Conversations by email: Winter 2009

These are extracts from recent postings to the OPF’s e-mail discussion list. If you are an OPF member and wish to take part, contact Mark Pearson <[email protected]> or Jim Forest <[email protected]>.

Death of a Patriarch: Patriarch Aleksy II has died. Long live his soul in Heaven! He was a very good patriarch who served as a strong bridge between the die-hard conservatives and far out liberals in the Orthodox Church in Russia. I lived in Russia for some time, and everyone I knew there loved him. He provided strong guidance and solidarity for the Church despite very hard times. He gave support to groups like our Brotherhood to help the poor. He also visited the parish of St. Catherine in Moscow an outpost of the Orthodox Church of America for its annual feast day. He was a true symbol of religious strength and hope for the Russians and for all Orthodox people!

Jim Vail

<[email protected]>

Difficult tasks: The Lord laid on Patriarch Alexei one of the most difficult tasks in the history of the Church in Russia: guiding the church through its transition from Soviet oppression to post-Soviet exploitation. He re-opened Orthodoxy as a real option for everyday Russians though a great many Russians have not yet taken advantage of the door that has been opened for them. Though he was on good terms with the state in a way that distressed many OPF members, he clearly drew the line at state efforts to wipe out the memory of the countless martyrs of Soviet oppression.

We tend to forget that, even in the days of “Holy Russia,” the Russian church always struggled to function in a complicated relationship with a State that was often hostile to her essence, but eager to appropriate her externals for its own ends. Peter and Katherine “the Great” were for the most part enemies of the Church, though of course they didn’t object to having all the panoply of the Church at their weddings and coronations. The Church in the Putin era is working in pretty familiar territory.

As the Russian Church in the dark days of the Synodal era produced many saints, I don’t doubt that Patriarch Alexei’s tormented church will do likewise. Has the Orthodox Church living “freely” in the West done better?

John Brady

<[email protected]>

In memoriam: Today, the 25th Sunday after Pentecost, we celebrated a Pannikhida for a remarkable hierarch. The measure of the life of His Holiness Patriarch Alexei II is difficult to assess. During the Communist era he led his Diocese and then his Archdiocese in a manner that he could truly say “by faith we passed through the Red Sea.” The Russian people by the tens of thousands were willing to hazard and even to give up their lives for the name of Jesus Christ and his Gospel. How many of us would do the same? This is a people who have proved themselves in the fire and who deserve the respect and reverence of all.

For a hierarch serving in the Soviet era, maintaining the precarious balance between acceptance and destruction by the Soviet authorities took a heavy emotional and physical toll. On the one hand, the sincere desire to maintain and strengthen the faith, and on the other, the need to soothe the government so it would not destroy every church and imprison every priest, took an enormous amount of faith, courage, diplomacy, and the risk of freedom and life.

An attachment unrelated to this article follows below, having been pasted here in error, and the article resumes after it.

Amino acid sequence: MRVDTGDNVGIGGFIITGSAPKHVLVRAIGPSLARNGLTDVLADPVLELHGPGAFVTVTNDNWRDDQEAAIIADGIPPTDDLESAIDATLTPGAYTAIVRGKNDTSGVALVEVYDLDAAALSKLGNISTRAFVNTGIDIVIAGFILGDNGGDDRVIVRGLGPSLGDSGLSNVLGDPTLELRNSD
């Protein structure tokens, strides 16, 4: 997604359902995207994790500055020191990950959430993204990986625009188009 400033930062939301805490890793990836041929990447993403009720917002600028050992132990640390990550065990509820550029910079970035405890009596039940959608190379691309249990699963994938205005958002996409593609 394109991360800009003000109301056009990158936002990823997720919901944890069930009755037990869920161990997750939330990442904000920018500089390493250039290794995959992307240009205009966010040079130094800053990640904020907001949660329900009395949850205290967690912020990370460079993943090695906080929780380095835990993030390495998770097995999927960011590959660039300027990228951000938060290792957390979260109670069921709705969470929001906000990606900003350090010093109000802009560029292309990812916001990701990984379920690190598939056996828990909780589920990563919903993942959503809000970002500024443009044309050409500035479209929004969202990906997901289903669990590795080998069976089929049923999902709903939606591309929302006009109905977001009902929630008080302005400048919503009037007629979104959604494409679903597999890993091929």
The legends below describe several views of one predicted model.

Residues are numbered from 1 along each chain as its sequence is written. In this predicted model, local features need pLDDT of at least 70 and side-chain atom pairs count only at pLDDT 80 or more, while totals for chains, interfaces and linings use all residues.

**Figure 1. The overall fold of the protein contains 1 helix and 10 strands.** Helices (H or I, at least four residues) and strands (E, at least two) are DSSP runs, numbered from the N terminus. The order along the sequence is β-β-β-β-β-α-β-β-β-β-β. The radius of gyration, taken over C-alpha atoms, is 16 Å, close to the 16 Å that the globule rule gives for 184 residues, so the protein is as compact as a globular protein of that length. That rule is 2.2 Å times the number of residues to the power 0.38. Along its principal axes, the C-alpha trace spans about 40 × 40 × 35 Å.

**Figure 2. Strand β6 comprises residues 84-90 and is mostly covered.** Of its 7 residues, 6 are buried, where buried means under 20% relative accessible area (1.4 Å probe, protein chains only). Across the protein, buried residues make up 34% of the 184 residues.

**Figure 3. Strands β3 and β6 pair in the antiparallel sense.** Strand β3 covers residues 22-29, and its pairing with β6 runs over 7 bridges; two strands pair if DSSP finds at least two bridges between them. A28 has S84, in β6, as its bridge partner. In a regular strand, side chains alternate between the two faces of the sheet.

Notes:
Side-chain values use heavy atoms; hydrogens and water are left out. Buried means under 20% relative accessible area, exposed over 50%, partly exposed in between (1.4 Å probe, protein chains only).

Following the collapse of the Soviet regime, the rebuilding task was staggering. How did one get the alienated, often half- destroyed church property returned, and the sites of those churches that were in ruin? The military was still led by generals and high ranking men and women who were products of the Soviet era, many of whom were members of the Communist Party. Formidable though it was, Patriarch Alexei, by patient but unyielding labor, and exquisite diplomacy, managed not only to rebuild churches and monasteries, but to re-institute military and hospital chaplaincies, often in the face of strong objections from the generals and admirals. He led in the restoration of prison ministries, the opening of orphanages and alms-houses supported and operated by the Orthodox Church. Seminaries were rebuilt and flooded with students, monasteries, the very heart of Orthodoxy in every nation, were rebuilt, lands returned, and the monasteries have once again become centers of charitable outreach.

One must acknowledge all those, both clergy and laity, who participated in all this great spiritual rebirth, but we must especially reverence His Holiness. During the Soviet era, he placed himself in the breach and became a moral martyr in balancing the compromises necessary for the physical survival of the Church with both pastoral care for his flock and loyalty to the Gospel. As Patriarch, he was under an even more heavy burden, and after the fall of Communism, he gave the last of his strength and life to the rebuilding and rebirth of the faith in Russia.

Glory and honor to him both in this age and in the age to come. Let his memory be from generation to generation.

Archbishop Lazar

<[email protected]>

The recent OPF conference: At the end of September this year, I took my first trip to the East Coast since I’d visited Maine as a toddler. The purpose was to attend this year’s North American conference of the Orthodox Peace Fellowship. Since returning to Alaska, I’ve been mulling over what I learned.